9. Notice when your youngster completes homework. “I really like the way you’re getting your study time done. That’s what I expect from you.”

10. Replace monetary and external rewards with encouraging verbal responses. End the practice of ‘paying for grades’ and going on a special trip for ice cream. This style of bribery has only short term gains and does little to encourage kids to develop a lifetime love of learning. Instead make positive verbal comments that concentrate on describing the behavior you wish to encourage. For example: "All your letters are right between the lines. I'll bet your teacher won't have any trouble reading this." … "I notice you stayed up late last night working on your term paper. It probably wasn't easy saving that much to the end, but your efforts got it done." … "I see you got the study table all organized and ready to go early. Looks like initiative and responsibility hooked together to me." … "You followed the directions exactly and finished in 15 minutes."

11. State clearly how you expect study time to be done. Tell your youngster, “I expect you to do all your studies, every night. Under no circumstances will I tolerate you not doing study time.”

12. Talk to the teacher. If the problem continues, ask the teacher to back up your efforts by providing additional discipline for homework assignments not completed.

13. Consider drafting a “study time contract.” Make a written agreement with your youngster that states something like, “Each day you complete study time, you will earn one point. When you have earned five (or ten) points, you will earn a special privilege.”

14. Use study time to get some of your own responsibilities handled. Do the dishes, fold laundry, or write thank you notes. Keep the TV off! If you engage in fun or noisy activities during that time, kids will naturally be distracted. Study time is a family commitment. If you won't commit to it, don't expect that you kids will.

15. You cannot make anyone do study time. You cannot make your youngster learn. You cannot make him hold a certain attitude. You cannot make him move his pencil. But you can assist. Concentrate on assisting by sending positive invitations. Invite and encourage your youngster using the ideas above.

==> My Out-of-Control Teen: Help for Parents

Helping Children Through Divorce

The following suggestions can make the process of divorce less painful for children, teenagers, and families. Honesty, sensitivity, self-control, and time itself will help the healing process. Be patient! Not everyone's timetable is the same.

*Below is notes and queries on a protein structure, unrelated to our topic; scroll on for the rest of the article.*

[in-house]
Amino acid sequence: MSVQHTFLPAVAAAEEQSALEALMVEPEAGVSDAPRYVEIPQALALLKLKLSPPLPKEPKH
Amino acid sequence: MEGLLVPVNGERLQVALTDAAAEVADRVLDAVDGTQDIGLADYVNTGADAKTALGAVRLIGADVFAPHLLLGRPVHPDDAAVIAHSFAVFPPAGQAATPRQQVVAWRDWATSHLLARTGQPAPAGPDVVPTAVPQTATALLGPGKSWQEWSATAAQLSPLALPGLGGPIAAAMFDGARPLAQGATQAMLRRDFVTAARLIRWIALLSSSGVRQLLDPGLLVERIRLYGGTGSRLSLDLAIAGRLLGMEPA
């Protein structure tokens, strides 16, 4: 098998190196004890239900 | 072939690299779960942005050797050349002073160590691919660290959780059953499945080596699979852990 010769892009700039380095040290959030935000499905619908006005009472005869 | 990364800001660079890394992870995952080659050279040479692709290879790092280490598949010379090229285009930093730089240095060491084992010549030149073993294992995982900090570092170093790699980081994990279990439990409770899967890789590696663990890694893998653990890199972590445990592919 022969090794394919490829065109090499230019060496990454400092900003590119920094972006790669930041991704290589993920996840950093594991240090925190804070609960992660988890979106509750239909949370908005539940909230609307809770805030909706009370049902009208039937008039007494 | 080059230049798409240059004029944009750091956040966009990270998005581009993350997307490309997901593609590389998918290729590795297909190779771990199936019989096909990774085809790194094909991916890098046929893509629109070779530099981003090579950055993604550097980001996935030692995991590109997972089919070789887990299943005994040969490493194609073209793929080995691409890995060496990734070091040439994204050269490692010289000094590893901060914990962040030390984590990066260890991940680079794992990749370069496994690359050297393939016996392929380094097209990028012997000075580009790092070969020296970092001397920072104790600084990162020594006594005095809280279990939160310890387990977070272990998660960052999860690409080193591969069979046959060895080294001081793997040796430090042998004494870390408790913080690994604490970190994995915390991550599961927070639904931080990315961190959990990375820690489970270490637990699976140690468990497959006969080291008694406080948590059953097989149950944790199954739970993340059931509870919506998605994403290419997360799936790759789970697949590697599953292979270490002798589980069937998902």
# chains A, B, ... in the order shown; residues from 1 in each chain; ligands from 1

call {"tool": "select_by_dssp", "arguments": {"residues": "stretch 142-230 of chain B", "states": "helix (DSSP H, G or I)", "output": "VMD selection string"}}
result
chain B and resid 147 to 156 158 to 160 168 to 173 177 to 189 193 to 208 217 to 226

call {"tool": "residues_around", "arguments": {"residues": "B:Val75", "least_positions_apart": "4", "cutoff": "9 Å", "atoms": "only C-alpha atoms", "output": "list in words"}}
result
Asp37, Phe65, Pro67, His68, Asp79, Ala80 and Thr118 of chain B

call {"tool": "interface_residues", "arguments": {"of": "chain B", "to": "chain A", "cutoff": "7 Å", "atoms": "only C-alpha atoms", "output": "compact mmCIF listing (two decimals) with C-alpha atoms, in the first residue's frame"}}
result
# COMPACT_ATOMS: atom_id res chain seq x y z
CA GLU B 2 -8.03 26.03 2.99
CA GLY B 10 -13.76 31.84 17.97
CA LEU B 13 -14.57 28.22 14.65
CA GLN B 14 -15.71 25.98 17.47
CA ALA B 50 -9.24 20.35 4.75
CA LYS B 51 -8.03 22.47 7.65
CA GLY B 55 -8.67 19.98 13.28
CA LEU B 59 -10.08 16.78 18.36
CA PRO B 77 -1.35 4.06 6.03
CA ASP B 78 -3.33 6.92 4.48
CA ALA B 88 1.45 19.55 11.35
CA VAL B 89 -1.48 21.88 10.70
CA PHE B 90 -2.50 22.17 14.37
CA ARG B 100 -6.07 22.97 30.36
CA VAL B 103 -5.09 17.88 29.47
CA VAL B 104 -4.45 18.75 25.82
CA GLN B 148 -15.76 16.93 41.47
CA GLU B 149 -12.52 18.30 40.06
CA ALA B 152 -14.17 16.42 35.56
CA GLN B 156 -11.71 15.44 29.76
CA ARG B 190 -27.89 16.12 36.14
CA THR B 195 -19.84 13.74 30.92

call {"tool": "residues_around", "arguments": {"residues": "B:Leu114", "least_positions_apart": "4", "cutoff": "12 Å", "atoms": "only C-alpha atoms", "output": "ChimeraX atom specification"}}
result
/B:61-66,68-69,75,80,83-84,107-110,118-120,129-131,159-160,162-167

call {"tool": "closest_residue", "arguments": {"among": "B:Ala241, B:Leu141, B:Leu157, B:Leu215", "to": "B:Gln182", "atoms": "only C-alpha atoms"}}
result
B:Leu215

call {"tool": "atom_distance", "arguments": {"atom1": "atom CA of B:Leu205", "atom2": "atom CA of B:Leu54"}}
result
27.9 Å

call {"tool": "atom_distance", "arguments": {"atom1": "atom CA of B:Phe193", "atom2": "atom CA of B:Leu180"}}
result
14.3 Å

1. Encourage children to openly discuss their feelings — positive or negative — about what's happening.

It's important for divorcing — and already divorced — parents to sit down with their children and encourage them to say what they're thinking and feeling. But you'll need to keep this separate from your own feelings. Most often, kids experience a sense of loss of family and may blame you or the other parent — or both — for what is going on in their lives. So, you'll really need to be prepared to answer questions your children might raise or to address their concerns.

Make talking about the divorce and how it's affecting your children an ongoing process. As children get older and become more mature, they might have questions or concerns that they hadn't thought of earlier. Even if it seems like you've gone over the same topics before, keep the dialogue open. If possible, sit down with the other parent and plan how you're going to talk to your youngster or kids about what is going on.

If you feel like you may get too upset, ask someone else (a relative, maybe) to talk to them. It's OK for children to see their moms and dads feel sad or upset, but getting very emotional can make children feel responsible for their parents' feelings. Group programs for children of divorce run by schools or faith-based organizations are an excellent resource for children and families who need some help to get through these early stages.

It's natural for children to have many emotions about a divorce. They might feel guilty and imagine that they "caused" the problem. This is particularly true for the many children who overheard their moms and dads arguing about them. Children and teenagers may feel angry or frightened, or worried about their future.